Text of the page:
road flaresThere’s no perfect time for a mechanical breakdown or other reason why you might get stranded on the roadside. But if you had to choose, you would probably avoid nighttime. With decreased visibility, and more tired drivers on the road, you’d rather not have your safety determined by the conditions.

Of course, we can’t choose the time and place of our car’s breakdowns, and so we bring you…drumroll…The Roadside Flare. Towing in New Jersey can be challenging enough in optimal, daytime conditions. When it comes to nighttime towing (not to mention nighttime waiting by the roadside), you need this extra piece of safety to insure an optimal outcome.

Most people have seen flares but few have actually used these safety providing items. While the basic two-step operation of a flare seems straightforward – light it and place it – there are actually several important steps to take before, during and after lighting the flare itself, that can insure a safe outcome of your breakdown adventure.

Here are some tips on proper roadside flare usage:

We’ll start with the most obvious step: Make sure you carry flares in your vehicle! Many emergency driving kits contain flares. You can also buy flares separately.
Before Lighting a Flare

  1. Always choose a location for your flare first. The last thing you want to do is have a burning flare in your hand with no place to put it. As you probably guessed, you want to avoid placing a flare near grass, vegetation or other flammable materials. A level surface is safest, to avoid rolling; and pavement always helps.Standard procedure is to place multiple flares both in front of and behind your vehicle, stretching 50-100 feet in each direction. For towing in New Jersey and beyond, this array of flares makes it easiest for a tow truck (not to mention other passing vehicles) to spot you. Also, use red-colored flares – these are widely accepted as ‘emergency’ flares, and this vivid color stands out sharply against most surroundings.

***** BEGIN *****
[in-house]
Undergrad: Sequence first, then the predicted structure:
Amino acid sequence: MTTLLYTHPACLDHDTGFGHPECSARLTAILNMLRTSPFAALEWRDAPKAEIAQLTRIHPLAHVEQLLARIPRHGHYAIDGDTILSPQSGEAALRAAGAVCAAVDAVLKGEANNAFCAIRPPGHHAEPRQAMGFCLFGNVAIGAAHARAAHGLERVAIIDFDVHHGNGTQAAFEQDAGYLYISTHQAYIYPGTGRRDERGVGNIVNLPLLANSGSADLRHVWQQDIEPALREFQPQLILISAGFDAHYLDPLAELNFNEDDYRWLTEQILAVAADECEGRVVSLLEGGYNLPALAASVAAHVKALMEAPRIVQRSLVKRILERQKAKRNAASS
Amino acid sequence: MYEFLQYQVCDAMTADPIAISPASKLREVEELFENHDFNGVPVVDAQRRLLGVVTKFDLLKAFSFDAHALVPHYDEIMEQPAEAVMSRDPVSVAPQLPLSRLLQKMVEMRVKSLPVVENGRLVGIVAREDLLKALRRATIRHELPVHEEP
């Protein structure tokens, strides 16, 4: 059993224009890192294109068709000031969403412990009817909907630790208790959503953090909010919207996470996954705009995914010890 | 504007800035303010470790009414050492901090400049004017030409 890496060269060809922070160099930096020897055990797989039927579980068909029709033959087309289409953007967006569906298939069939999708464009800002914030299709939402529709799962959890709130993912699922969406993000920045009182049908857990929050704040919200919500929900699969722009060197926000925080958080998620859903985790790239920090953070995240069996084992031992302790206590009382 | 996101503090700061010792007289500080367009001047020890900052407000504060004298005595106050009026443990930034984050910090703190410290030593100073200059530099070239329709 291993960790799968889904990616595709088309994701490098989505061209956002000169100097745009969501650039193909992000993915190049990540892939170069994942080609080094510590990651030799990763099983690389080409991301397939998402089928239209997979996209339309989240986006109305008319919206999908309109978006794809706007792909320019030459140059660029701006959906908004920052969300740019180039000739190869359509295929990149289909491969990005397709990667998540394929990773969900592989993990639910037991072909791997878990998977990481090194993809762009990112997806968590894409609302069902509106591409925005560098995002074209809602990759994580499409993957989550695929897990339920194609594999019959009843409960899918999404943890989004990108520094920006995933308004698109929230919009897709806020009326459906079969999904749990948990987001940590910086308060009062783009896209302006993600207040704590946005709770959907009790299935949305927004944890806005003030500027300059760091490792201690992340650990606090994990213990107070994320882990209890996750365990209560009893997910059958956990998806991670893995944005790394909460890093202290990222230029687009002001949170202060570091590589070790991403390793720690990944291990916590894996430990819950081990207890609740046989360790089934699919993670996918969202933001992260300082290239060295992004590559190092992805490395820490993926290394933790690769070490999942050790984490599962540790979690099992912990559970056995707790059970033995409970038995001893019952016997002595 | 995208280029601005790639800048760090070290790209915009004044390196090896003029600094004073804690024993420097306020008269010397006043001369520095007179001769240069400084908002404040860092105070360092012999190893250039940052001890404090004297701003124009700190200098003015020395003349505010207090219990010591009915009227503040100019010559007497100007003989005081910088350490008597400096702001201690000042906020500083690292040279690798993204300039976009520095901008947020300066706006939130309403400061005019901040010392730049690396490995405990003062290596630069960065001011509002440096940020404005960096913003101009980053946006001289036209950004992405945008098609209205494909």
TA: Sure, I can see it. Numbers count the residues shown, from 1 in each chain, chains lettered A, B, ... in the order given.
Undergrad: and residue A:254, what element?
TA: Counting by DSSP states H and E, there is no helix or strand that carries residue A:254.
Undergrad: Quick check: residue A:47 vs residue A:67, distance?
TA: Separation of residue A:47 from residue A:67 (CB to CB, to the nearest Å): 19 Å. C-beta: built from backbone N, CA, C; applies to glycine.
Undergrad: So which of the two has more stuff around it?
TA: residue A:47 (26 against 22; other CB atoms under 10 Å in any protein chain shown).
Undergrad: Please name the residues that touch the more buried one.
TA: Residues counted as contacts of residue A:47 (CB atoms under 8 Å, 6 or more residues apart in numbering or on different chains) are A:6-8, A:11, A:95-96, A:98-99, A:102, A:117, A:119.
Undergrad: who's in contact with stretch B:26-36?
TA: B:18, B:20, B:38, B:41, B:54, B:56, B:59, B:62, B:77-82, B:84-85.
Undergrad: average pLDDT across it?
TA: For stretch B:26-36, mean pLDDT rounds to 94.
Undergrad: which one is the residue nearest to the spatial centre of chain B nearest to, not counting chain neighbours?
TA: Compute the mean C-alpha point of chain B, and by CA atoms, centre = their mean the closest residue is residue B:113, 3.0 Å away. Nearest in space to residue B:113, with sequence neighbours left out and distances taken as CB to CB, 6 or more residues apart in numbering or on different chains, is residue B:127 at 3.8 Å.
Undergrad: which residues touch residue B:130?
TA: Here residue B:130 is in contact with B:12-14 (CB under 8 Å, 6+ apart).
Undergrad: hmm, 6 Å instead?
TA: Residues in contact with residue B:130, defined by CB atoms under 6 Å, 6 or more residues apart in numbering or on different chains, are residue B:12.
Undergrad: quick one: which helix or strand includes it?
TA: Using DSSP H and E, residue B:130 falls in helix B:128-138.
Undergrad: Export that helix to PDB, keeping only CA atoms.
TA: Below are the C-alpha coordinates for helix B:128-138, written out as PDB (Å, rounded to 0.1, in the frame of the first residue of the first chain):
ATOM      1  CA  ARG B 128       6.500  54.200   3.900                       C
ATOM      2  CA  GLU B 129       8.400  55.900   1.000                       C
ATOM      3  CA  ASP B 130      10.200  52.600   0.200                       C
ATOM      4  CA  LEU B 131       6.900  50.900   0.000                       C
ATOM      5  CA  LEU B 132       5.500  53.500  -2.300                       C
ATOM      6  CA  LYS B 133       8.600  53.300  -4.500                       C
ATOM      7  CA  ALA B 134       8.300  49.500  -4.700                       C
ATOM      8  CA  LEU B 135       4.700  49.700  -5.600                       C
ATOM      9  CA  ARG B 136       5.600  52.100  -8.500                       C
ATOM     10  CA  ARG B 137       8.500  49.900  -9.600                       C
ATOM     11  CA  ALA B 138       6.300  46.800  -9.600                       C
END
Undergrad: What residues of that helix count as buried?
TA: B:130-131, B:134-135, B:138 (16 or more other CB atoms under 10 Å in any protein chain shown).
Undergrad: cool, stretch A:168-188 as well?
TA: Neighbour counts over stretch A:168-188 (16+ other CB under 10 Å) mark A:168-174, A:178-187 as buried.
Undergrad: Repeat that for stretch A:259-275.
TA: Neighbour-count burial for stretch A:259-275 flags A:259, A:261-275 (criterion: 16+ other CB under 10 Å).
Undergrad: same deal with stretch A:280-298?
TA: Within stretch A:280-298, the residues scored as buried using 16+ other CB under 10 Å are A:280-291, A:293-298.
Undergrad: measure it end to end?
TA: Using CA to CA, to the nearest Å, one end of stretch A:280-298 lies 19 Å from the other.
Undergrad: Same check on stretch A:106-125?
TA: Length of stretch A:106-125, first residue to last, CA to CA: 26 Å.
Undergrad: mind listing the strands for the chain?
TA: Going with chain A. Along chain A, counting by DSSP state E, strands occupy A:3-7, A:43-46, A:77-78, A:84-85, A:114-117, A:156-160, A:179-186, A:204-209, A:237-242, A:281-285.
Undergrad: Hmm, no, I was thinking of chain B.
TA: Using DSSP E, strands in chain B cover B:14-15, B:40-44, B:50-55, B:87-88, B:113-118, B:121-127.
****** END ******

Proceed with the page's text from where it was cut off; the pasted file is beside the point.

2. When you’re all set to light your flare, Remove the cap or lid. Do this gently, and you will see the exposed ignition surface. Hold on to that cap! as you will need it
    to actually light the flare.
  3. Hold the flare away from your body and face. Also, try to block any wind by keeping your back to the wind. Hold the flare at its middle, and do not touch the ignition surface at the end of the flare.

Lighting the Flare and What to do Afterward

  1. Think of the flare as a match and light it accordingly. With a brisk motion, rub the end of the flare against the coarse surface of the saved cap. Your flare should light readily, just like a match.
  2. Making sure the lit flare points downward, to avoid burning your hand with dripping material; the flare must be kept away from hair and clothing.
  3. After using the cap to light the flare, place the cap on the other (non-burning) end of the flare.
  4. Finally, lay the burning flare on the ground. Don’t drop it! as this could cause the flare to roll or even break.

When it comes to towing in New Jersey want you to stay safe, so check your emergency vehicle kit for road flares and keep a copy of the above tips in your vehicle as well.

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